The four churches of the ancient Christian community were destroyed by the so-called Islamic State. In Mosul alone there are over 30 churches that have been completely destroyed. None of them have been rebuilt yet.
Local officials of Ninewa launched a wide preparation campaign in February to welcome Pope. A committee of key figures, including municipality and Christian clergies, has been tasked to prepare all requirements for a proper welcome that goes along with the reputation of Ninewa in general and al-Hamdaniyah in particular, mayor of Hamdaniya said then.
“Ahead of Pope’s visit, the government was cleaning the streets, and completed some stooped projects yet following the trip, no new projects implemented,” said Esam Yako, a supervisor in Tal Kef education.
“Still the area is in ruins in terms of public services, houses of people and churches,” he added. “Pope has left while tens of our problems are still unsolved and the government pays minimum attention to Christian areas.”
The visit had a moral impact and urged “the Christians not to leave their birthplace for anyone despite fears of enemies like Daesh,” he added.
Iraqi Kurdistan regional government KRG statistics showed that out of almost 700,000 IDPs in 26 camps, over 7% are Christians.
Tens of thousands were forced to desert their homes when Islamic State (IS) militants overran northern Iraq in 2014, destroying their houses and historic churches, and forced them either to pay a tax, convert to Islam or leave.
Over 24,000 Christian families from Mosul have migrated to escape the violence that has plagued the country when Saddam Hussein regime was ousted in 2003.
Despite the slow path of reconstruction, Ammar Yako, who supervises the Church of the Immaculate Conception (Al-Tahir al-Kubra) in Qaraqosh, finds the papal trip more a message of peace and coexistence among all the various components.
“Security comes ahead of public services so we ask for better security to encourage the IDPs return home. In this regard, I am not pessimist and hope the demands by Pope and the Christians to come true,” he added.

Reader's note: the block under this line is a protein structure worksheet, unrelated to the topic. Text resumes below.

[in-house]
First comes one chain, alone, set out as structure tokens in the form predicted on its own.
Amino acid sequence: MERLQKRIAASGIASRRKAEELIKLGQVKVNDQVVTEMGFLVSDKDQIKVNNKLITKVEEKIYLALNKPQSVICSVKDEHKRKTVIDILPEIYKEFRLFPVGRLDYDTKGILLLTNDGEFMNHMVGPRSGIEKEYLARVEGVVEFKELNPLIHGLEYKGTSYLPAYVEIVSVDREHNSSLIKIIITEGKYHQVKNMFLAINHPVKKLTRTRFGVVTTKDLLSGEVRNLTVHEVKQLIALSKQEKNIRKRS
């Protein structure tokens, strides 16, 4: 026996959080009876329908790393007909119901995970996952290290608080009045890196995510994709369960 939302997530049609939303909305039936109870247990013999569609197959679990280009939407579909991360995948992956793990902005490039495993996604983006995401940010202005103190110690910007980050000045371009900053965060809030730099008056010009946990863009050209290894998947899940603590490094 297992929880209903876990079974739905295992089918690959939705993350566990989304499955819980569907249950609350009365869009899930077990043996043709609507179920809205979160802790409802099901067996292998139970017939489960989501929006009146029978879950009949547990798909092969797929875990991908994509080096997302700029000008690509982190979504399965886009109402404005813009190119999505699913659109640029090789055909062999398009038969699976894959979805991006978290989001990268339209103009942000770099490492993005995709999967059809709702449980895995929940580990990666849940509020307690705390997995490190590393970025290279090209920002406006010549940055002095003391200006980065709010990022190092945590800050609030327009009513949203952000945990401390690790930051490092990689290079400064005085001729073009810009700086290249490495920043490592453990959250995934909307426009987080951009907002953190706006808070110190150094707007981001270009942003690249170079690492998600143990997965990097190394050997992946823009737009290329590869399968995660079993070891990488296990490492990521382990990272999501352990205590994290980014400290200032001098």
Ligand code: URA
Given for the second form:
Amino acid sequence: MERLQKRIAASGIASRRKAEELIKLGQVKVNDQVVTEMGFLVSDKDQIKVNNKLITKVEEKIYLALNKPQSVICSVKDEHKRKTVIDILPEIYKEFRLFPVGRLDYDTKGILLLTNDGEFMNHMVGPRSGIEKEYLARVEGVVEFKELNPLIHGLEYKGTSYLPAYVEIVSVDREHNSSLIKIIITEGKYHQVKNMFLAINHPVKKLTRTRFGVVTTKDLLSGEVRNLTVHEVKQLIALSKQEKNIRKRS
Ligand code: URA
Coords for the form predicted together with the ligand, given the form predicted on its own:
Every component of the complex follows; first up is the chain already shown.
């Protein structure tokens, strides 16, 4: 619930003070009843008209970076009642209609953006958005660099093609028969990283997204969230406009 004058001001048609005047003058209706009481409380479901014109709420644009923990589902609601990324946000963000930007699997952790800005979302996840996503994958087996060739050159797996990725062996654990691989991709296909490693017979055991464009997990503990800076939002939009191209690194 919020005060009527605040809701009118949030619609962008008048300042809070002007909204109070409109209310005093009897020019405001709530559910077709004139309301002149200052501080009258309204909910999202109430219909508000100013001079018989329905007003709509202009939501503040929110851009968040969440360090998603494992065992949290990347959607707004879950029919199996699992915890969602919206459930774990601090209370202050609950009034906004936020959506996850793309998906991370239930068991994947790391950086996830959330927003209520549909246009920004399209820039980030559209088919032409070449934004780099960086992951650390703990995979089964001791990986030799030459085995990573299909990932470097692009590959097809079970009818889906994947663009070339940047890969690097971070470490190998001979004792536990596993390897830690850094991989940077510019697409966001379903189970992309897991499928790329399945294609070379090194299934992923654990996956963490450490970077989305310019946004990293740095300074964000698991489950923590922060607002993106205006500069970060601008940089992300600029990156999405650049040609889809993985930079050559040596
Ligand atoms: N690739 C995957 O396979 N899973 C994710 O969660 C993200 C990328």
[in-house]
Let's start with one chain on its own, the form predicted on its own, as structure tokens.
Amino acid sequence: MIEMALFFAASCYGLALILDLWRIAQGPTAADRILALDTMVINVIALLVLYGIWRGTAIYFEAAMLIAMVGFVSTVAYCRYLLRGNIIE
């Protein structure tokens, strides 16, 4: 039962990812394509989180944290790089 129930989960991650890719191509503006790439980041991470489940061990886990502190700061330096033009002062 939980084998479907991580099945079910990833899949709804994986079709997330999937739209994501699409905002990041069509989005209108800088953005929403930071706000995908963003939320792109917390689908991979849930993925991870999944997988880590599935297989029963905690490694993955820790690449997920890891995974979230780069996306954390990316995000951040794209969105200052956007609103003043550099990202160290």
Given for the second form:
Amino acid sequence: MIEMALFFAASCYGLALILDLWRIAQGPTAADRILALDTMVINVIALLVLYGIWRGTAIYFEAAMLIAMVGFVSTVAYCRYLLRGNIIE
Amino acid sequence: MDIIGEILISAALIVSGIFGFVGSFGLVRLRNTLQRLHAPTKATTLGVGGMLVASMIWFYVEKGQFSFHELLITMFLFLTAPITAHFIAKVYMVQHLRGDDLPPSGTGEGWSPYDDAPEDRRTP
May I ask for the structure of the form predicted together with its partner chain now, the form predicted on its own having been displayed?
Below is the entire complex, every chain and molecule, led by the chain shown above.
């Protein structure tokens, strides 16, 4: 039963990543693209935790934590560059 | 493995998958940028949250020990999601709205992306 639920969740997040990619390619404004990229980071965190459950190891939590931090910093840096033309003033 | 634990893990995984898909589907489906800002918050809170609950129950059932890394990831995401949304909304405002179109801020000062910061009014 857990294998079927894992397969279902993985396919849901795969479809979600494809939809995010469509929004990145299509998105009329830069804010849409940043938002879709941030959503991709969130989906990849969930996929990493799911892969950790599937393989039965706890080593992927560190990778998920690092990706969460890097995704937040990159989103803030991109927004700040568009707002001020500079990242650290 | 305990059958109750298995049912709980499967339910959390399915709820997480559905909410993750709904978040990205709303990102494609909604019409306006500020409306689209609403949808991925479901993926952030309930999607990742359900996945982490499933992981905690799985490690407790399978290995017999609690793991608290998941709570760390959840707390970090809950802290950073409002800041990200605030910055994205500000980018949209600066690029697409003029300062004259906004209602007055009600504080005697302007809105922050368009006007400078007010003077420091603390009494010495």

Security comes ahead of public services so we ask for better security to encourage the IDPs return home
Christians criticize Baghdad for not putting serious efforts into rebuilding Ninewa plains, home to Christians in Iraq, while the Kurdistan regional government KRG with capital in Erbil is more responsive.
“In Iraq and particularly in the plains of Ninewa, there is no clean and good intention toward the Christians so no major steps taken following the trip by Pope. On the contrary, Christians are under threat in many ways,” said Khalid Jamal, representative of the Christians in KRG.
“Ahead and past Pope’s trip, the KRG is continuously supporting the Christians and doing its utmost to solve any problem we face,” he added.
The Syriac Catholic Church of the Immaculate Conception has become a symbol of the Christians in Iraq and motive for Pope to visit the church and meet the local community.
The foundation stone of Al-Tahir al-Kubra church of Qaraqosh was laid in 1932 and all materials were provided by charity and donation of the locals and parishioners whom took 15 years to build it. In 1947 it has opened its doors for worshippers, said Ammar Yako, supervisor of the church.